http://www.tricycle.com/ancestors/keep-sweeping-a-chan-life-rural-tennessee

avalmez's picture

"Just this" in the sense that "this" is the totality of this moment. heh, i have to chuckle at myself because expressing this was a puzzle! what i mean (i think) is that every moment necessarily involves an interaction with our environment. and our immediate environment is this planet we call Earth. so, spending every moment in an essential manner, and no more than essential, is beneficial. and every instance when we do exist in an essential manner benefits all in that it benefits our environment. a sort of existential statement i guess. (above is a corny way of putting this but maybe this makes some sense?)

ClarkStrand's picture

Absolutely, avalmez. This is the basic idea behind the 12 Steps of Ecological Recovery groups we've started. The first step is "We admitted we were powerless over excess--that our lives had become unmanageable." Living each moment in "an essential manner" would be the same as our approach to "eliminating excess one day at a time." Join us for our Friday morning phone meeting if you like, or if you live near Manhattan come to our Monday night face to face meeting off Washington Square Park. We also meet in Woodstock, New York.

Jim Spencer's picture

What’s the Zen equivalent
Of Fukuoka’s farm?

Plain rice.

Rice gruel (zazen) without trappings: no soy sauce, no kimche, no nori...

ClarkStrand's picture

Funny you should mention it. As it turns out, the next koan is about rice. Stay tuned tomorrow.

Jim Spencer's picture

Having had my breakfast, I had better go wash my bowl.

sammie's picture

..just this

ClarkStrand's picture

Which this, sammie?

Interestingly enough, Fukuoka talks about taking over the mandarin orchard from his father when he first started out. Fukuoka had had a very powerful kensho experience while he was recovering from a serious illness in the hospital, at which time he got the basic idea for Natural Farming (he'd been an agricultural researcher up until that time).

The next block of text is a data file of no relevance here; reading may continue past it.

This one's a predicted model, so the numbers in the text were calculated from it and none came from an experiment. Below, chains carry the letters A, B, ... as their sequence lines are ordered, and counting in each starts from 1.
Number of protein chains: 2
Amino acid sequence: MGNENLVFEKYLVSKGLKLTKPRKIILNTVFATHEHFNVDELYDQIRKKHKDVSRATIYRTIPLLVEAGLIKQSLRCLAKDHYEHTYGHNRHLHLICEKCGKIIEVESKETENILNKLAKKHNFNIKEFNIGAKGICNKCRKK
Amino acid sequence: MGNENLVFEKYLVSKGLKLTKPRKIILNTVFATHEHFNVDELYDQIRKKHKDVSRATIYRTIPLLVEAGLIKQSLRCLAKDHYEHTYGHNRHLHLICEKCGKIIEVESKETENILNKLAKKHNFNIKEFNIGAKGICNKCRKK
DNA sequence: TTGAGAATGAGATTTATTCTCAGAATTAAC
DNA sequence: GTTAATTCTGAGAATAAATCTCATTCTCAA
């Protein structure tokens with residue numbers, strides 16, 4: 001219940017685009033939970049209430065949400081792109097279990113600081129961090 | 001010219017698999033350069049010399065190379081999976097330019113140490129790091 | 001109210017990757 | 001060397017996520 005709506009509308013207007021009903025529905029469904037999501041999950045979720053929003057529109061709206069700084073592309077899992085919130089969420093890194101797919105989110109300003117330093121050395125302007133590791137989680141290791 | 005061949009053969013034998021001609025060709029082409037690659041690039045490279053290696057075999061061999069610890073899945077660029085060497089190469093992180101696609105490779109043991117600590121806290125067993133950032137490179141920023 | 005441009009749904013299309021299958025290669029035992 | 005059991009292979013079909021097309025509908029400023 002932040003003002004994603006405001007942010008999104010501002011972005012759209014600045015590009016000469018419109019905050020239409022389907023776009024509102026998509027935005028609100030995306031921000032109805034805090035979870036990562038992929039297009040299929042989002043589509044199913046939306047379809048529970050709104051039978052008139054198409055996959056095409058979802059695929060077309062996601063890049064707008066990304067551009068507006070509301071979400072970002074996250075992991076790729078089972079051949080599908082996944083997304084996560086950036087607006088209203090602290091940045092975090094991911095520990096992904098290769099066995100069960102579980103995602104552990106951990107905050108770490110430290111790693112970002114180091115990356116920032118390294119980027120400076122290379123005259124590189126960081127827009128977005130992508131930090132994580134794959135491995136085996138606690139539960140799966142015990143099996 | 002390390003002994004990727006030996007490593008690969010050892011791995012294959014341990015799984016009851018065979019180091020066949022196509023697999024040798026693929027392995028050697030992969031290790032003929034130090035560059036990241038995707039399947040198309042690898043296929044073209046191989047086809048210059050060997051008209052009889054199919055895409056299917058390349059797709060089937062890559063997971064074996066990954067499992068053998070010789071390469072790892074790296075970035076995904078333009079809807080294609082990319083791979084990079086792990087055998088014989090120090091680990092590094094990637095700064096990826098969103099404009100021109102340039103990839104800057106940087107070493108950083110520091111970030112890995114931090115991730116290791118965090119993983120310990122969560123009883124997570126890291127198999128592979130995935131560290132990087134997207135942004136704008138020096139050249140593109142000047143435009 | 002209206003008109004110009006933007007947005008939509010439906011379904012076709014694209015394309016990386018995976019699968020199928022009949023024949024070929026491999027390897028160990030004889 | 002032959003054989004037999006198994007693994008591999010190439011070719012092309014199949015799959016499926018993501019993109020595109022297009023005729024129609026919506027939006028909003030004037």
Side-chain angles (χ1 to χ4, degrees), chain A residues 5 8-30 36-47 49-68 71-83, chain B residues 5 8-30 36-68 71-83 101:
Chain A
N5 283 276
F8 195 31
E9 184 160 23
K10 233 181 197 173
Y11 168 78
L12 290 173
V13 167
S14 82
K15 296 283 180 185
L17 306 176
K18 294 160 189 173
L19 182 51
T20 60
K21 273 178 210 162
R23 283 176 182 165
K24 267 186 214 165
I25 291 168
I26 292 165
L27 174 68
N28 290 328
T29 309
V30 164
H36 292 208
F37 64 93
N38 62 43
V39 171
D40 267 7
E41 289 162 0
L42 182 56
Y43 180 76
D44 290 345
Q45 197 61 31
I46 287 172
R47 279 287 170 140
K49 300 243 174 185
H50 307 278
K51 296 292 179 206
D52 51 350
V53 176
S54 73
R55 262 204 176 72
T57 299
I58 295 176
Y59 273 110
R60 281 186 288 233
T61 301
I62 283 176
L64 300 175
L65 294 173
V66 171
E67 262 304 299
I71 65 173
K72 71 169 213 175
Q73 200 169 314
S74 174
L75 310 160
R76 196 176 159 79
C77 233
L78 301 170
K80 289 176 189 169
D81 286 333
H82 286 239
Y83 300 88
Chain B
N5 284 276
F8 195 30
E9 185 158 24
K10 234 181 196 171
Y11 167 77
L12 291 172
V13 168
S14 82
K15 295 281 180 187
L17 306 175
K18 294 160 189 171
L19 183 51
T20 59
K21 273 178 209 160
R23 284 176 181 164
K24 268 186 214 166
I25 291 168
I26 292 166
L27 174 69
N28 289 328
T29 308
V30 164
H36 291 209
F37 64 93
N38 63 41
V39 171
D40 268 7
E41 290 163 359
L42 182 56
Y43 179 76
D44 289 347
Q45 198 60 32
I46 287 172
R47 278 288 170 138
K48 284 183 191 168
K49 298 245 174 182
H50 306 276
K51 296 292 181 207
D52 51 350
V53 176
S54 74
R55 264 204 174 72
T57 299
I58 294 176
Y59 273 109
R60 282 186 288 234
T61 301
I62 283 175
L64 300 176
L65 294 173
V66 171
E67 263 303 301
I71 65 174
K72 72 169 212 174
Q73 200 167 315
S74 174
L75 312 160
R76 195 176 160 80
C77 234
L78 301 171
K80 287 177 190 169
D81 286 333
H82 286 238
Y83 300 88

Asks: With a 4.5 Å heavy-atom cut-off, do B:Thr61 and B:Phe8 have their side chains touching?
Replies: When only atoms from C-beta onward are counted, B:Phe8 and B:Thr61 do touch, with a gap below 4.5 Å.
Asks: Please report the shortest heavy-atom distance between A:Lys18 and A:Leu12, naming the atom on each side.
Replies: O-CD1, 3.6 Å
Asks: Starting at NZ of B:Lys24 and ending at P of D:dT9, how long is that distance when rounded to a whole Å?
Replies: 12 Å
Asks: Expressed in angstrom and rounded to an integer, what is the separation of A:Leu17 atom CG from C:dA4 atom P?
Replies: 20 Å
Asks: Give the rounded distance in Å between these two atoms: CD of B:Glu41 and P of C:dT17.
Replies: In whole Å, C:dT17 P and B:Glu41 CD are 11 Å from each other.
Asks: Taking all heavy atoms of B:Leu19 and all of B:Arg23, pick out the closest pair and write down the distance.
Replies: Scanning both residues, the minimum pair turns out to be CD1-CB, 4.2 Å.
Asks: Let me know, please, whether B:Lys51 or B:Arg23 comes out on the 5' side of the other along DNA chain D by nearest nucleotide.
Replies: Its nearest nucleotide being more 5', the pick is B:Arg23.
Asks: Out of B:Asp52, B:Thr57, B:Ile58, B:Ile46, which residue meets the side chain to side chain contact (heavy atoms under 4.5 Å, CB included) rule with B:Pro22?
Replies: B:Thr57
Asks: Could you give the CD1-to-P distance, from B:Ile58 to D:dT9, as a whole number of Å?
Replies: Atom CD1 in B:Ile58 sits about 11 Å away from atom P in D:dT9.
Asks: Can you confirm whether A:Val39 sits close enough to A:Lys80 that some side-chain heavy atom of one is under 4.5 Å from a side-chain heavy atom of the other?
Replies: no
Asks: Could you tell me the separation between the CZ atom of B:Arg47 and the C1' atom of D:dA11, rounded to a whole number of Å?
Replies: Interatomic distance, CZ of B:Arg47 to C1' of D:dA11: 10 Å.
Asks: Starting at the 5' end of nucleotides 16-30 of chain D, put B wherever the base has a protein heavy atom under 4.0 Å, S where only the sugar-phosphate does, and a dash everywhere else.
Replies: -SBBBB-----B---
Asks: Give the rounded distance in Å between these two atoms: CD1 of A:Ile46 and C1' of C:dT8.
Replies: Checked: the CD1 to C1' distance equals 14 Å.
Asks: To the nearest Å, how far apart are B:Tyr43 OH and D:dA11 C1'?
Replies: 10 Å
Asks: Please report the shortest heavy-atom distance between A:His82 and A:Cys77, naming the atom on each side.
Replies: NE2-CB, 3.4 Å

Fukuoka went back to the family farm to put his "just this...do nothing" theory of farming into practice and lost most of the harvest and many of the trees in the first year or so. After that, he interpreted "doing nothing" in a much deeper, but less reactive way. Eventually, it paid off and he was able to outproduce many local farmers who used modern chemical-based methods.

ClarkStrand's picture

Not that your "just this" was necessarily like Fukuoka's first version. But it's worth talking about in any case.

Mat Osmond's picture

Thanks Clark.

Mat Osmond's picture

Thanks for this Clark.

Without thinking good
Or bad, just answer quickly
From the heart:

I read this, thought about it, no answer welled up.
I went out and walked in the dark on the beach, with my son and my dog. Thought about our lives, framed by constant electronic exchanges, consumption of goods from afar, fossil fuel transport. Opting out doesn't even seem an issue. Riddled through and through with manufactured needs.

What’s the Zen equivalent
Of Fukuoka’s farm?

That farm will be something we find together, right here, as the supply of distractions, alternatives runs dry. Not a solitary effort, but a rebalancing of our shared lives, our ways of sharing life.

PS Could anyone tell me how to access the Green Bodhisattva column? I can't seem to pull it up through the Search, above?

ClarkStrand's picture

Here's the link to the most recent one, Mat. The third installment should be out in a month or so, whenever the next issue of the magazine goes to print.

http://www.tricycle.com/green-bodhisattva/restored-sanity

Dominic Gomez's picture

"What’s the Zen equivalent of Fukuoka’s farm?"

The sight of one seed sprouting?

ClarkStrand's picture

Nichiren would probably say something like, "This very five-foot body." (People were shorter then.)